Because I’m a sad geek who spends far too much time thinking about electoral systems, since last Wednesday I’ve been pondering the question of how to elect members of the Upper House of Parliament. So, assuming that the role of the Upper House is primarily one of review, scrutiny and amendment rather than a primary legislating chamber, here’s my suggestion.

First off, I like the idea that’s been suggested from several quarters of electing by thirds at five year intervals (probably at the same time as European Parliament elections) for a single fifteen-year term. That provides a chamber that’s not going to be as affected by short-term swings in electoral fortune, and single terms mean members will have a degree of independence because they can’t be concerned about their personal re-election.

As for size, I think around 300 members would be sufficient – the total workload of the Upper House would be less than the Commons and restricting the number of members should mean that they can concentrate on the tasks they have at hand, rather than having to make work for themselves. Given that members of the Upper House wouldn’t have the constituency commitments of an MP – especially as they don’t have to seek re-election – there’s even the possibility for it to be seen as a part-time commitment.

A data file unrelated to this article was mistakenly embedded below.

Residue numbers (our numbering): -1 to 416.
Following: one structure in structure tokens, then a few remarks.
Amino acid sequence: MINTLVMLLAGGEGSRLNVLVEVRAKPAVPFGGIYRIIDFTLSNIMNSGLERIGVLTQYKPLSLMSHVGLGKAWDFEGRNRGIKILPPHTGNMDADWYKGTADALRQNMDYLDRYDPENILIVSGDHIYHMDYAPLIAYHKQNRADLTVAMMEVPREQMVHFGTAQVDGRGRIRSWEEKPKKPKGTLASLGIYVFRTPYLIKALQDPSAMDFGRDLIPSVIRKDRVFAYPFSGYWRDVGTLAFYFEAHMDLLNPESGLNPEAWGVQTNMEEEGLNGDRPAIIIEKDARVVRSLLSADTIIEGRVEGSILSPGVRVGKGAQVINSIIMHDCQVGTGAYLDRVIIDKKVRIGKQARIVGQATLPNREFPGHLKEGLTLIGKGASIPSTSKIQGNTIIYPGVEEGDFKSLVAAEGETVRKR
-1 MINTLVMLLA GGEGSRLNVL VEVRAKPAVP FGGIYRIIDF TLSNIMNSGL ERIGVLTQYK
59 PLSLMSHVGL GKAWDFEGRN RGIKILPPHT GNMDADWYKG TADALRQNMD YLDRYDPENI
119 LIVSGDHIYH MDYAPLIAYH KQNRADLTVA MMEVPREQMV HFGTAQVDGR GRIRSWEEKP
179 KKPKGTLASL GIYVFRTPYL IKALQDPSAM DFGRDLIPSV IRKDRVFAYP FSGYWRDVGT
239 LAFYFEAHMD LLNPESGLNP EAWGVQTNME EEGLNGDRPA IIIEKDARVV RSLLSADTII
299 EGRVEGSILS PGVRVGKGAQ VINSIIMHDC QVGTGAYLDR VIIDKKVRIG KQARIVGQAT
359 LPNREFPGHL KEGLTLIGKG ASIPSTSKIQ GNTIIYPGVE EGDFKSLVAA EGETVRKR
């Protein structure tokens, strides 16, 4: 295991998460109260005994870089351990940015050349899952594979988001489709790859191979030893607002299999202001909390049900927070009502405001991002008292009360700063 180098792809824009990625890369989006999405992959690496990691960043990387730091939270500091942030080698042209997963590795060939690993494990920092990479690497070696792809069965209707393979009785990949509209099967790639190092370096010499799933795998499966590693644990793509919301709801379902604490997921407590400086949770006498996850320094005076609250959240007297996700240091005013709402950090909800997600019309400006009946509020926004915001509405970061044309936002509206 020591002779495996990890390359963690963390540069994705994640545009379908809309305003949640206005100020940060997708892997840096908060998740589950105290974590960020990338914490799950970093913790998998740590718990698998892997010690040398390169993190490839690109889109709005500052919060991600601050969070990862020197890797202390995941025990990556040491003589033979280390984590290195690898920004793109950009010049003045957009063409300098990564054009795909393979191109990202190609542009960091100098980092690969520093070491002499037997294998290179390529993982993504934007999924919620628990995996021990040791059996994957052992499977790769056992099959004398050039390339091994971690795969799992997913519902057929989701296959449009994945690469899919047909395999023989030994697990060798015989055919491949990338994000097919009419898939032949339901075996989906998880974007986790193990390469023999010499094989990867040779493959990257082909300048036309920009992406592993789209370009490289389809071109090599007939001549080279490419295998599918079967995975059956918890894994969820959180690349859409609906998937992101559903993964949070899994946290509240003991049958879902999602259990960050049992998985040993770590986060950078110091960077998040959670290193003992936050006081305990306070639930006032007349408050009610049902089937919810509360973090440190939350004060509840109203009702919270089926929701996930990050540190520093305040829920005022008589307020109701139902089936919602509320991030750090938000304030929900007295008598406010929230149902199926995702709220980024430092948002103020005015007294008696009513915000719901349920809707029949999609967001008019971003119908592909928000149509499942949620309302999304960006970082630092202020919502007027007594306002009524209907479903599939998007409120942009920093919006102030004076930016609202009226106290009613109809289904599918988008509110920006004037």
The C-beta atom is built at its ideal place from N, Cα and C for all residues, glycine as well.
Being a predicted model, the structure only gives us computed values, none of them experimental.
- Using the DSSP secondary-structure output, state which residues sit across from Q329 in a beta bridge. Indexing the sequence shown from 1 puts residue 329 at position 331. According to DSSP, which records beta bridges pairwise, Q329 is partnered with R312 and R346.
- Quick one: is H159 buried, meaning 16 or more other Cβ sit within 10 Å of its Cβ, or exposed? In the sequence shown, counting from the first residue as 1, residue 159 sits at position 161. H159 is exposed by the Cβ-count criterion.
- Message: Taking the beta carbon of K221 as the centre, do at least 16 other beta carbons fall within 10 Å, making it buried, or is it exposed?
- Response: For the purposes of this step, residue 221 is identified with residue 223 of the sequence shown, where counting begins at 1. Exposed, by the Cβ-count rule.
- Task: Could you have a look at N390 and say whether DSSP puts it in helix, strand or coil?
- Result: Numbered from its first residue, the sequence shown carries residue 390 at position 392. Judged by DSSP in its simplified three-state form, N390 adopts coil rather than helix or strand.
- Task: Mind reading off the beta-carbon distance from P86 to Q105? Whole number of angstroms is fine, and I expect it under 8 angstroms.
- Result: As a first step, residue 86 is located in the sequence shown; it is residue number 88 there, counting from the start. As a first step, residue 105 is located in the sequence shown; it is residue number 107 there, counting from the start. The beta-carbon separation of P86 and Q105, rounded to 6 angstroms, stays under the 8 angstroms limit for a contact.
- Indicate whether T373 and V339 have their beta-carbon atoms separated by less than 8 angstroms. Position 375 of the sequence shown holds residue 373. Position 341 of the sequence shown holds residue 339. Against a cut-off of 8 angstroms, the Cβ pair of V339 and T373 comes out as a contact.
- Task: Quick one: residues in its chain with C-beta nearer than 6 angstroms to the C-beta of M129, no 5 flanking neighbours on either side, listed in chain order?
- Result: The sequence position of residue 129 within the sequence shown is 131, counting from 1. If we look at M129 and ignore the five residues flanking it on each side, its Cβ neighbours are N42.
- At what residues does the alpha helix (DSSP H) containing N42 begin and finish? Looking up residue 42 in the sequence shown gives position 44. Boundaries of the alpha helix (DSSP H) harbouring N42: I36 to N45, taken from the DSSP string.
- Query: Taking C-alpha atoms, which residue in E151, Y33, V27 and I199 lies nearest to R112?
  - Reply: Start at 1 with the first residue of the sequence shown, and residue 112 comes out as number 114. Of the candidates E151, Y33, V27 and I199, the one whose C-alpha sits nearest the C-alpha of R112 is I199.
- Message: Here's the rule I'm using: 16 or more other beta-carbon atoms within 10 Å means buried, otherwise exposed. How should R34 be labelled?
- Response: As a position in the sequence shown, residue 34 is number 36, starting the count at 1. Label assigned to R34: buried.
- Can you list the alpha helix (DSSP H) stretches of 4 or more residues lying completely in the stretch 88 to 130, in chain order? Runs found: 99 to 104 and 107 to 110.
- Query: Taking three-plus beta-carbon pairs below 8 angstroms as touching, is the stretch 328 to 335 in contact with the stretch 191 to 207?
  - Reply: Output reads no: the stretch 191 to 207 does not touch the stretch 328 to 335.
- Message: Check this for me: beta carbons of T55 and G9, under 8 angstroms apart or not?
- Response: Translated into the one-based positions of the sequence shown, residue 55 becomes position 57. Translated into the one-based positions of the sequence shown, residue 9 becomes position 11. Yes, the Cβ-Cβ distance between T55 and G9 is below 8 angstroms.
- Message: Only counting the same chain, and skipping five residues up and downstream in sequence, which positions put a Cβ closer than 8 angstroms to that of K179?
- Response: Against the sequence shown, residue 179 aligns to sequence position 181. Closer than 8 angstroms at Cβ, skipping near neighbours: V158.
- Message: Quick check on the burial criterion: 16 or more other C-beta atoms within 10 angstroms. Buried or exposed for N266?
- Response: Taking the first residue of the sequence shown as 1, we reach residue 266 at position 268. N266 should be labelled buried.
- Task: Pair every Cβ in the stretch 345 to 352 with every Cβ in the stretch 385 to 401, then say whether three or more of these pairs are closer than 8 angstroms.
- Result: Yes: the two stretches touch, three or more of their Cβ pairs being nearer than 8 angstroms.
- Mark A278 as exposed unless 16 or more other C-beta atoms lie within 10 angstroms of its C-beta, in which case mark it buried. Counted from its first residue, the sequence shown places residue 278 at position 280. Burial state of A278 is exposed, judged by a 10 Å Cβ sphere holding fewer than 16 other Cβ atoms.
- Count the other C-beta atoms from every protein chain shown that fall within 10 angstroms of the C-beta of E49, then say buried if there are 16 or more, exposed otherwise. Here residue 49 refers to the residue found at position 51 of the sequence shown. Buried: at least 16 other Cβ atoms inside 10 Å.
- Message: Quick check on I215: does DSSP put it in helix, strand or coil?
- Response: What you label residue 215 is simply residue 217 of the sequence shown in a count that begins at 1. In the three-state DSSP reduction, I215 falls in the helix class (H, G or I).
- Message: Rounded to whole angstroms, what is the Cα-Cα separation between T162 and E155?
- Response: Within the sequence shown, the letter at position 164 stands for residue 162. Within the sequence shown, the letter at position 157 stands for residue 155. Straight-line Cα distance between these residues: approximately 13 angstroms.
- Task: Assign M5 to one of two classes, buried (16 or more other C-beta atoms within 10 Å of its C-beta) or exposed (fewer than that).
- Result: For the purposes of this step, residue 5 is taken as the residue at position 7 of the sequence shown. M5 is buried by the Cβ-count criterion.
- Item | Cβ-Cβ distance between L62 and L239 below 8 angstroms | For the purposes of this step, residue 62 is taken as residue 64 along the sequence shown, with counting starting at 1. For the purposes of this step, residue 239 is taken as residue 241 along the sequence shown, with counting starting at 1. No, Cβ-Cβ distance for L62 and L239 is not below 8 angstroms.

So, how to elect them? Well, given that we’re following the electoral cycle of the European Parliament, it seems simplest to use the same regional arrangements as those elections, with each of the 12 regions (Scotland, Wales, Northern Ireland and the 9 regions of England) electing an average of around 25 members each, meaning 100 Lords/Senators/Members Of The Upper House get elected each time. I’d also suggest that the allocation of seats to be regions be on a somewhat degressive, rather than strict, proportionality with the smallest regions having 18 members (electing 6 each time) and the largest 30 (10 each time) thus ensuring a balance of voices from throughout the UK.

When it comes to electing them, I would suggest – as anyone who knows me may have guessed by now – that a Single Transferable Vote system is used. However, there is a reason for this beyond my belief that it’s the best voting system, which is that it’s a voting system that encourages candidates to prove themselves as individuals not just as party functionaries, as well as allowing independent (cross-bencher) candidates to compete on a more even playing field. Candidates would actually have to work to get the voters to choose them from amongst their party’s candidates, not just hope to get a high enough place on a list, and voters would have the power to mix and match from amongst party and independent candidates. To go further, one suggestion I would make is that while candidates would be free to campaign as party representatives, party affiliation would not be listed on the ballot paper, making it near-impossible to hide behind the rosette.

Anyway, that’s just my thoughts, feel free to tear them apart in the comments.